What is the role of buffers in the pathogenesis of metabolic acidosis?

Updated: Dec 08, 2020
  • Author: Christie P Thomas, MBBS, FRCP, FASN, FAHA; Chief Editor: Vecihi Batuman, MD, FASN  more...
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Buffers are weak acids or bases that are able to minimize changes in pH by taking up or releasing H+. Phosphate is an example of an effective buffer, as in the following reaction:

HPO42- + (H+)↔H2 PO4-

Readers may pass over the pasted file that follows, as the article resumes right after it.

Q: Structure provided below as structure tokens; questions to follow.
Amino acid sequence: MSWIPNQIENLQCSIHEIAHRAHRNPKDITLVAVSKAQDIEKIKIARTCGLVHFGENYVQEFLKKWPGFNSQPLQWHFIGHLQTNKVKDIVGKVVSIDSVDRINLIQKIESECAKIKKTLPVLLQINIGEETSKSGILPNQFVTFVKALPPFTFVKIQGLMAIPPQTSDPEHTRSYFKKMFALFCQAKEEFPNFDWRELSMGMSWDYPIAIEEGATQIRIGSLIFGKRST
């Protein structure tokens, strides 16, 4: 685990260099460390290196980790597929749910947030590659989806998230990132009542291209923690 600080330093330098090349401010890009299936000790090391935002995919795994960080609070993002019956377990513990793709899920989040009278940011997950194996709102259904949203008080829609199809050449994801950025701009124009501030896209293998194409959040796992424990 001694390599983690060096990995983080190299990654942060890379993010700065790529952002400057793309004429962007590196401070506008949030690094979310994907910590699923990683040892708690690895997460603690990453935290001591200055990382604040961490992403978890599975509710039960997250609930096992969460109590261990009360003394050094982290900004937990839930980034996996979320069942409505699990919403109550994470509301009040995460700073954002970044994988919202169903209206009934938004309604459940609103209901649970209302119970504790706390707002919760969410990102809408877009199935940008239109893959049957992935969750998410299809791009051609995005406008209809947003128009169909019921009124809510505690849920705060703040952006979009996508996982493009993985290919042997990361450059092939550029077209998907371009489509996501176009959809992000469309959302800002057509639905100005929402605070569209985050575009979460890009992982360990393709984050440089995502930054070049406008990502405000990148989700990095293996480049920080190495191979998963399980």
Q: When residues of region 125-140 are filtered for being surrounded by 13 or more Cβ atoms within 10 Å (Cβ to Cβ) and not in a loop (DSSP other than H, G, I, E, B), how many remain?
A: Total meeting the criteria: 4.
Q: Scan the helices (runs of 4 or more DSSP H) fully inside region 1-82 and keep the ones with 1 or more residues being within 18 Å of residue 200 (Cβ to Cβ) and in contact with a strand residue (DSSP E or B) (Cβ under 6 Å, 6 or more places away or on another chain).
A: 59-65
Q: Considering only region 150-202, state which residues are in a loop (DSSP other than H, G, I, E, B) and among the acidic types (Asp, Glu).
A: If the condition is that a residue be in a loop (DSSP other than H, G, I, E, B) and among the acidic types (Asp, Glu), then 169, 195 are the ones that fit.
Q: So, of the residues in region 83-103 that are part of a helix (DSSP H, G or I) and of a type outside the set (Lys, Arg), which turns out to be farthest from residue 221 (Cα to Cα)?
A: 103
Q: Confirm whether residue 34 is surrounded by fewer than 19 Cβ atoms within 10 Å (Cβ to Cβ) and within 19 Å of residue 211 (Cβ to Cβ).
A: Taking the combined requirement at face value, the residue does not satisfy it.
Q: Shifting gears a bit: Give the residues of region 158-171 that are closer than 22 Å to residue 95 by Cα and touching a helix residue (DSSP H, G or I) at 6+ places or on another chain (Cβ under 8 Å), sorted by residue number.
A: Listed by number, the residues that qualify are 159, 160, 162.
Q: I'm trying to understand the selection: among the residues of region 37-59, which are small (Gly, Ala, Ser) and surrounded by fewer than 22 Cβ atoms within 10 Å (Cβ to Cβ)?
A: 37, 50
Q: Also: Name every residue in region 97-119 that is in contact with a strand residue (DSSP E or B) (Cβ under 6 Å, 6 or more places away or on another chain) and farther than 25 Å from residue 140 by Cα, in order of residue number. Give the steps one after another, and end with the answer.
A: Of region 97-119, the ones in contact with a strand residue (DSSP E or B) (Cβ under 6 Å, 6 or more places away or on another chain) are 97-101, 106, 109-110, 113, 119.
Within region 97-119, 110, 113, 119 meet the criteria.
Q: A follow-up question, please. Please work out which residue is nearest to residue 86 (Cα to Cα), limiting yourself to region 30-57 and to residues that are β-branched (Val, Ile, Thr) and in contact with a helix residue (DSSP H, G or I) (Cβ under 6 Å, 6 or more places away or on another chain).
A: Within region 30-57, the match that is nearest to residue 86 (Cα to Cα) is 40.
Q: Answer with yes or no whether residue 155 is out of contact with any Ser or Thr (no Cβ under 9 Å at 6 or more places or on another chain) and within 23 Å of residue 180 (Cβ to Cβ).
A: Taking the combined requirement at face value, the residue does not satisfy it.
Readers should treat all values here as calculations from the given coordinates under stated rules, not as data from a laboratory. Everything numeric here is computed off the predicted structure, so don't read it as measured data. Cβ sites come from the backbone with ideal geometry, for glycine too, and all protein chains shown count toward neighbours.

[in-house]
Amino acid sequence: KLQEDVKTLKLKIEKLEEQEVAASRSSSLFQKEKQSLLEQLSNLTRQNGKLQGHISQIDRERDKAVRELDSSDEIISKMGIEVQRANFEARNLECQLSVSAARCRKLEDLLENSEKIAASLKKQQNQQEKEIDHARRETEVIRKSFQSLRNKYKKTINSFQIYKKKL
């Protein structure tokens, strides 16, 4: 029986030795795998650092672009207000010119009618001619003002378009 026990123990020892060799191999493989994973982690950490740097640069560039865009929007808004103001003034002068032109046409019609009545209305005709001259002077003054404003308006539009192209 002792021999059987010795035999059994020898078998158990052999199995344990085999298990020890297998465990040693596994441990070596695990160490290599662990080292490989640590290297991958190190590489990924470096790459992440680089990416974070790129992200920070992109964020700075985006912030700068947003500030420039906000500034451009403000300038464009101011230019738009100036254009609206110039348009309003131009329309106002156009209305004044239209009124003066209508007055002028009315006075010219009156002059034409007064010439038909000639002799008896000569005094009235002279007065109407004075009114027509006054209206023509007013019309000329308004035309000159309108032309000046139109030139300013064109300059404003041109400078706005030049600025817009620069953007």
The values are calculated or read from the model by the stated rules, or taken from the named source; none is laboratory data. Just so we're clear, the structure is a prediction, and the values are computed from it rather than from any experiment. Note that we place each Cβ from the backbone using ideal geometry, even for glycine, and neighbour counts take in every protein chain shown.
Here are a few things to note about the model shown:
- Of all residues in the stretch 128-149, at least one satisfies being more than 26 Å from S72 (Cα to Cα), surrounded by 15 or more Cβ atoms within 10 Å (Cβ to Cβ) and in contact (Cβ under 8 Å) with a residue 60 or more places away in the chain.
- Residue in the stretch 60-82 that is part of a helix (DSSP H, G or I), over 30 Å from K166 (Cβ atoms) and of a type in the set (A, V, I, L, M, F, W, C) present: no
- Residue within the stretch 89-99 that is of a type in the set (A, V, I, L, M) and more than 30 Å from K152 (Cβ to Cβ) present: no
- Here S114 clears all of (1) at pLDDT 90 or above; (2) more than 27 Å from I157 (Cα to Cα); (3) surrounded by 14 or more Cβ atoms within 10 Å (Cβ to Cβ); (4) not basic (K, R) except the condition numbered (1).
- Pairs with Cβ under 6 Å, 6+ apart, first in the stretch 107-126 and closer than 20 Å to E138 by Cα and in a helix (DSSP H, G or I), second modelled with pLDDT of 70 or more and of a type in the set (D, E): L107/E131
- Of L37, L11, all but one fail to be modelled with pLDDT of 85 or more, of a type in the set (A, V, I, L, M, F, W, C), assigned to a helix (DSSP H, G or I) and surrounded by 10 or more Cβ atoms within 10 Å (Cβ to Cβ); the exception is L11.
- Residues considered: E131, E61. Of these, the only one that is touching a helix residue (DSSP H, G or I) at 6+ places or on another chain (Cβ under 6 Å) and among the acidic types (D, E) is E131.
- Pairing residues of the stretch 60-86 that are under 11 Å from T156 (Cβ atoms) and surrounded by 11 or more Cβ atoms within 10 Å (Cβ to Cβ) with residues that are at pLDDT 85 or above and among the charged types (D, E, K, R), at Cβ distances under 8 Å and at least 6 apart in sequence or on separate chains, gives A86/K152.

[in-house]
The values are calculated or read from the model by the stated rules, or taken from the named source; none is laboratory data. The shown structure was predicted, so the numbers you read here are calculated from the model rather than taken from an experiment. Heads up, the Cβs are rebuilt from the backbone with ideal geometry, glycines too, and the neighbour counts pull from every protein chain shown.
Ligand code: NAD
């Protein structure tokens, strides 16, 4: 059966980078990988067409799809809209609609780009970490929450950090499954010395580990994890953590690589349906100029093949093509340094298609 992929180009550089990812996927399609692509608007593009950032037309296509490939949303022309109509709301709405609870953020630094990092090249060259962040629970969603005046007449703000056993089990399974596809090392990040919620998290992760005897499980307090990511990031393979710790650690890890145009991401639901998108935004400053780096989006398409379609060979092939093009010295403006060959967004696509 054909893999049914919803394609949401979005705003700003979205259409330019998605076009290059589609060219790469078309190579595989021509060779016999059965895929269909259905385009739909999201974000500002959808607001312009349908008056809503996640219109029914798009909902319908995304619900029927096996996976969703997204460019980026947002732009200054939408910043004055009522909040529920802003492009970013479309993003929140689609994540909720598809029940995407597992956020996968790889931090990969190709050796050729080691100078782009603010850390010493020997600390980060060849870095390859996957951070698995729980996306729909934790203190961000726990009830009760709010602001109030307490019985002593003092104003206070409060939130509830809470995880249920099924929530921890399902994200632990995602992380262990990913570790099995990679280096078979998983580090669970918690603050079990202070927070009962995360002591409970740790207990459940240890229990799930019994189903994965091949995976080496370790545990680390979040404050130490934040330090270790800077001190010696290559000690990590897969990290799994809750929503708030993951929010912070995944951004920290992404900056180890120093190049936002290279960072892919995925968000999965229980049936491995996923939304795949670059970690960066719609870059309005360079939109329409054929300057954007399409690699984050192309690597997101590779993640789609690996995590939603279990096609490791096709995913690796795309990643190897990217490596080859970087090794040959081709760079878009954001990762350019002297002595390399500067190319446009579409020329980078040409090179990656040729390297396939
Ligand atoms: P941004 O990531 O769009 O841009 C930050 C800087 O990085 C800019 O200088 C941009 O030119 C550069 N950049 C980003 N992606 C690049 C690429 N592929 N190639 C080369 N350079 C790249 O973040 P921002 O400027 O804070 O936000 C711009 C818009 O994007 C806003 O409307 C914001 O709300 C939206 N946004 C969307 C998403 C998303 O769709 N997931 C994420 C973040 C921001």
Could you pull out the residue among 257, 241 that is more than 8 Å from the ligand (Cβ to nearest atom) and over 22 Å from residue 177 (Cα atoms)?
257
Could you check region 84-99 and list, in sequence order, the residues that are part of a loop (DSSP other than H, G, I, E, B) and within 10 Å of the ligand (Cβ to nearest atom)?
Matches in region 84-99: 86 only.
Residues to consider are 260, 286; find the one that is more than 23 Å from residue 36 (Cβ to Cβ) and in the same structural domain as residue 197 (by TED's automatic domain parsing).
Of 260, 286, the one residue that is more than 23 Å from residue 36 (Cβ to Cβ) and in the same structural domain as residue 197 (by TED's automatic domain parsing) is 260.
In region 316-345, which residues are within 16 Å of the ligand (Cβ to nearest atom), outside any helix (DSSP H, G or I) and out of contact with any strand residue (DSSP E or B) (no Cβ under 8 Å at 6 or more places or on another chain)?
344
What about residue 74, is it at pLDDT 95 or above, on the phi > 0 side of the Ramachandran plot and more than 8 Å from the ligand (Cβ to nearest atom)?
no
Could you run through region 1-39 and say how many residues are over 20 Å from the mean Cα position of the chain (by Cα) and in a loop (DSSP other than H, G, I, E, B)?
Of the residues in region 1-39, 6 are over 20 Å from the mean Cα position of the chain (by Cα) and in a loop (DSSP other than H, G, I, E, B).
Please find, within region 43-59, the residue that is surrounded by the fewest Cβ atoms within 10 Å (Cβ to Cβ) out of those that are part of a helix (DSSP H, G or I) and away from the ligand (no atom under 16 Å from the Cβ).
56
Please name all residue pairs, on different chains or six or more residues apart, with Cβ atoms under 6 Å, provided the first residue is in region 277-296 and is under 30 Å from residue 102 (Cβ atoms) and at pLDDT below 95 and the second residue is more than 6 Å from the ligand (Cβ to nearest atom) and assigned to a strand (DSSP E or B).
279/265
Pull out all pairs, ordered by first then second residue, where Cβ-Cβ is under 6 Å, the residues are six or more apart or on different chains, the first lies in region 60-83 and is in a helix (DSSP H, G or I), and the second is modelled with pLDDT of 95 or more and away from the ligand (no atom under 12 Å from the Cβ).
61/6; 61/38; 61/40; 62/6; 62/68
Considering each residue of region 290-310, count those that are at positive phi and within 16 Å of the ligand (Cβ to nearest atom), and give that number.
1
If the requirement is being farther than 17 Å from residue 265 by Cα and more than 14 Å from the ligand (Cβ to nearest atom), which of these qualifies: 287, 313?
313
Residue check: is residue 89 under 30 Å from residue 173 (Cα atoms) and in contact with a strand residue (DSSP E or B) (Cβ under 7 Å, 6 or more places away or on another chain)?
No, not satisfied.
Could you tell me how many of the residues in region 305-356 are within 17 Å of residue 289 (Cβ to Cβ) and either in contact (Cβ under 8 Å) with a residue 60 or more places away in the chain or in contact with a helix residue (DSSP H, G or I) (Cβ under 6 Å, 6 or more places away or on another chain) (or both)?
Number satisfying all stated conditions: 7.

Upon addition of an H+ to extracellular fluids, the monohydrogen phosphate binds H+ to form dihydrogen phosphate, minimizing the change in pH. Similarly, when [H+] is decreased, the reaction is shifted to the left. Thus, buffers work as a first-line of defense to blunt the changes in pH that would otherwise result from the constant daily addition of acids and bases to body fluids.

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